4. What will make it all worthwhile is the fact that it will allow me to sit and listen to two hours of the music that has sustained me through this extraordinary period. This is the longest break I've had since in broadcasting since 1984 and my appetite for playing jazz, in all its various forms, remains undiminished. It's all the more exciting for the changes that we move towards in 2021, about which more in a future set of posts.

Friday, 8 May 2020

A May time catch-up

Most of the things that I promised myself I would do whilst self-isolating have been left undone. On the other hand some of the things that I didn't expect to do have been fulfilled in spades! At the same time the flow of new jazz has continued unabated and I've spent a lot of time listening to Cd's and vinyl old and new.  The really strange thing has been that I've also had quite lucid moments of auto suggestion - the act of hearing something and it suggesting something that I haven't listened to in an awfully long time. So I've been dusting off some old favourites some of which haven't been played in full for an awfully long time. So let's get straight to the music.

Blue Note re-issues: 

Some of the stuff that they've re-released hasn't been about for a long time, and instead of re-releasing them both on CD and vinyl they've gone for the more profitable option of vinyl. Problem is that the quality is, in my opinion, incredibly variable. Some have been lovingly remastered, some remastered from the original tapes and frankly, some of them have been resurrected when they should have been allowed to be a fond memory. It's really hard to decide in advance which falls into which category and they are, for the most part exactly as they were originally released. This is a shame, because as the CD re-issue series showed earlier in the century, there is quite a lot material that was worth hearing, but will not fit easily onto a vinyl format. So I've enjoyed some of the Bobby Hutcherson releases, but if you're tempted to buy them research what others have to say about them before you lob out the 22 odd quid. If I can help, do get in touch.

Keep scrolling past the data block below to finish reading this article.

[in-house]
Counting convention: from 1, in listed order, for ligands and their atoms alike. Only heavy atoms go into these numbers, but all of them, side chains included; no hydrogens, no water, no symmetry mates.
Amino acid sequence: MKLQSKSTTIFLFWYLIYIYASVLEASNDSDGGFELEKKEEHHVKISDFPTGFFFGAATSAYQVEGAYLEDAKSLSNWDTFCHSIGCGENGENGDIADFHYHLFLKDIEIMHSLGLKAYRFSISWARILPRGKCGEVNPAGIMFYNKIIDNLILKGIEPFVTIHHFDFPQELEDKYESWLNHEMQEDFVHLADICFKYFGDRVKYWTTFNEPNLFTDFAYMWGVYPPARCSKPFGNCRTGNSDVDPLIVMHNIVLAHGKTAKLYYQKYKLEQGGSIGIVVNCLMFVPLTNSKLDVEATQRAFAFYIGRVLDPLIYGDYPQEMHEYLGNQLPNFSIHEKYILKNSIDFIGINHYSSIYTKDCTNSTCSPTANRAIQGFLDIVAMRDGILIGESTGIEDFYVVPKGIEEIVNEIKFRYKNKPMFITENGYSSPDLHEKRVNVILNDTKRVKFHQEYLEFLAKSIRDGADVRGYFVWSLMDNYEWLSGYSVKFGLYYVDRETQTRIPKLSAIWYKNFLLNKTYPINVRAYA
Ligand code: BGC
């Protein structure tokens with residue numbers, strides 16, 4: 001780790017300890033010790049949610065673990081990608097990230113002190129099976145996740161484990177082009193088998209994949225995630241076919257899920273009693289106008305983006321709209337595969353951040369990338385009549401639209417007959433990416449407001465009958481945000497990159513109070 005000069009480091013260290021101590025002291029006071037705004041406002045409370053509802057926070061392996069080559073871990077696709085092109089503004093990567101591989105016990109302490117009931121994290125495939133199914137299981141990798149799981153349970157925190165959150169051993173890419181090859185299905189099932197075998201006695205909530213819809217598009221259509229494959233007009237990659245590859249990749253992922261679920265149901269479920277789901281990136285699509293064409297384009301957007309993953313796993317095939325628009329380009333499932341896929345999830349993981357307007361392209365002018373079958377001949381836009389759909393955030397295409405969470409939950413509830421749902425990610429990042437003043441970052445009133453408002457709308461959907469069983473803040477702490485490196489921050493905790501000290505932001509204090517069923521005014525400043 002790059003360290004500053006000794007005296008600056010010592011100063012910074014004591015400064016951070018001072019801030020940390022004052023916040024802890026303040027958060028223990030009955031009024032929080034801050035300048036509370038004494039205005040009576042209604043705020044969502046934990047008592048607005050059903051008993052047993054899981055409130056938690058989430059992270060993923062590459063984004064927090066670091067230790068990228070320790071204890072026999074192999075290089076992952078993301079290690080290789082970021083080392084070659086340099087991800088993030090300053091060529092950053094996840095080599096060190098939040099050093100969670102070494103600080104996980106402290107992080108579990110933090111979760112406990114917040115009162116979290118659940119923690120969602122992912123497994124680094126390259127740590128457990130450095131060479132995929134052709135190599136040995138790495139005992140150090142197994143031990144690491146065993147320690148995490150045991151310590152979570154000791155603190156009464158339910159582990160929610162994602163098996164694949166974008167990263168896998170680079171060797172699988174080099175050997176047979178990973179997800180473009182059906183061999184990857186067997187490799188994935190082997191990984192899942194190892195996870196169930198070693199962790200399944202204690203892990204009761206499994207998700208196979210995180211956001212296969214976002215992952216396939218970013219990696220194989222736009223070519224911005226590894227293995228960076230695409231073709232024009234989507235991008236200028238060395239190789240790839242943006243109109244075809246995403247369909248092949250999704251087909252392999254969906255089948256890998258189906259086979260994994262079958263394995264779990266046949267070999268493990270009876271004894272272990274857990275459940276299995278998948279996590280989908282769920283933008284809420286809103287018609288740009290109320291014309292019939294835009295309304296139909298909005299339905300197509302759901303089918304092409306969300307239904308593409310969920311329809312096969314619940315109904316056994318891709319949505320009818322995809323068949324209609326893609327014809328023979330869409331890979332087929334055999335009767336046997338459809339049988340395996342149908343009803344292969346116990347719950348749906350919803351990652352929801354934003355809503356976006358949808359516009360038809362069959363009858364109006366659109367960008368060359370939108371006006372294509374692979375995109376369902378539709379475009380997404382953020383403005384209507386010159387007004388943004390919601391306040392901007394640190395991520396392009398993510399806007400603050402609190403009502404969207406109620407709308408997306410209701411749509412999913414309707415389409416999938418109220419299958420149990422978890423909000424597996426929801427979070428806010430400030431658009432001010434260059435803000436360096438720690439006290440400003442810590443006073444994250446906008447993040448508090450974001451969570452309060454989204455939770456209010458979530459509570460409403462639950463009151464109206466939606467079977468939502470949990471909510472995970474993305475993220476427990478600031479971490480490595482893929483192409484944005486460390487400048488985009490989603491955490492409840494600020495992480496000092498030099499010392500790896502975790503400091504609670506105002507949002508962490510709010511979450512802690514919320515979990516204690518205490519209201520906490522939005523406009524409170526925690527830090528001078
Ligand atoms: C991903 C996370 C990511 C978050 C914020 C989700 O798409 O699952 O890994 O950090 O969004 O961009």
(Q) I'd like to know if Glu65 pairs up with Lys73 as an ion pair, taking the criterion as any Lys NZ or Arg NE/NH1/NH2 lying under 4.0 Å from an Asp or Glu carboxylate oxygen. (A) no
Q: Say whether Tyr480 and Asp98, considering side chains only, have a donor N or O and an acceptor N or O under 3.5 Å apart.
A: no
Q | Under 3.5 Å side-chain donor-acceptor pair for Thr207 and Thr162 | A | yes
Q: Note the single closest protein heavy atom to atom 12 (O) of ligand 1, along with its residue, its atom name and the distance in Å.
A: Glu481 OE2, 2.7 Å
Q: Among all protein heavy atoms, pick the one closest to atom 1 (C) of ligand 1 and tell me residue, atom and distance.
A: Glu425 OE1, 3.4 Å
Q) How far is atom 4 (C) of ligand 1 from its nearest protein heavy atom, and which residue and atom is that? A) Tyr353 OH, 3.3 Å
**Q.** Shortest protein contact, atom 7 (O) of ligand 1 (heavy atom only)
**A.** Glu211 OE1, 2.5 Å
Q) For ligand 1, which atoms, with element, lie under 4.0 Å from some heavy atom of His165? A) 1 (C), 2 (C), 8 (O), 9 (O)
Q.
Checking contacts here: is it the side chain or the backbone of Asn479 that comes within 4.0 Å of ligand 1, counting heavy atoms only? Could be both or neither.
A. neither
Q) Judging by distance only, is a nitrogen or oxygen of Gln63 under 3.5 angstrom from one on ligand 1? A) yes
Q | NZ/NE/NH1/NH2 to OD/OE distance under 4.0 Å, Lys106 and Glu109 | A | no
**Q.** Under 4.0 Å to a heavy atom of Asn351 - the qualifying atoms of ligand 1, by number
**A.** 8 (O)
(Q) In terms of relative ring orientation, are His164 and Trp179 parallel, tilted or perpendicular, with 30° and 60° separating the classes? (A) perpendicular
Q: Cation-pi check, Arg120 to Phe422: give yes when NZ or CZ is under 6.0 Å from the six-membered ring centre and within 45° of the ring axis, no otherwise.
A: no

New stuff:

Kandace Springs: The Women who raised me: I'd have to say this already a major contender for the end of year Top 10 albums. It's a wide ranging tribute to a selection of female artists who contributed to her development. I think it's stunning, not only because her voice is so right for the material but because she breathed life into the tunes with sympathetic support from a wide range of other artists (listen to track 1 with Christian McBride as an example. It also sent me back to the originals (after I had remembered who they were!) Stunning.
Jose James: No beginning no end part 2: I don't think that Blue Note had the faintest idea what to do with James after they'd signed him. This is out on a label called Rainbow Blonde and is a return to what he does best which is to interpret strong songs, and in the case of this album with a range of guests from Christian Scott to Laura Mvula and onto Erik Truffaz. A welcome return to form, and one which sent me back to "The Dreamer" which he released on Brownswood in about 2010. It's very laid back, with sparse accompaniment but with some wonderful piano playing from Nori Ochiai. It's well worth checking out.
Lakecia Benjamin: Pursuance: The Coltranes: It's a work through some Coltrane music, both John and Alice by a saxophonist who is new to me. It's beautifully created and takes the Coltrane tunes as a starting point, so it's not about copies but also adding to the heritage. There's an interesting set of contributions from Reggie Workman who played bass with both John Coltrane and Art Blakey and here adds bass to some tracks and helped out with production. A great debut.
Wolfgang Muthspiel: Angular Blues: Stripped back and beautiful. Much aided by Scott Colley on Bas and Brian Blade on drums and recorded in Japan I guess it's a style of jazz that you either like or you don't -sparse and, yes, angular, but consummately played. The sound is somehow different to the normal Manfred Eicher production, and the album sent me back to Manu Katche: Third Round: where Jacob Young adds some guitar playing. Although the style is very different it was an interesting thought transferral process that took me back to it.

Old stuff:(!)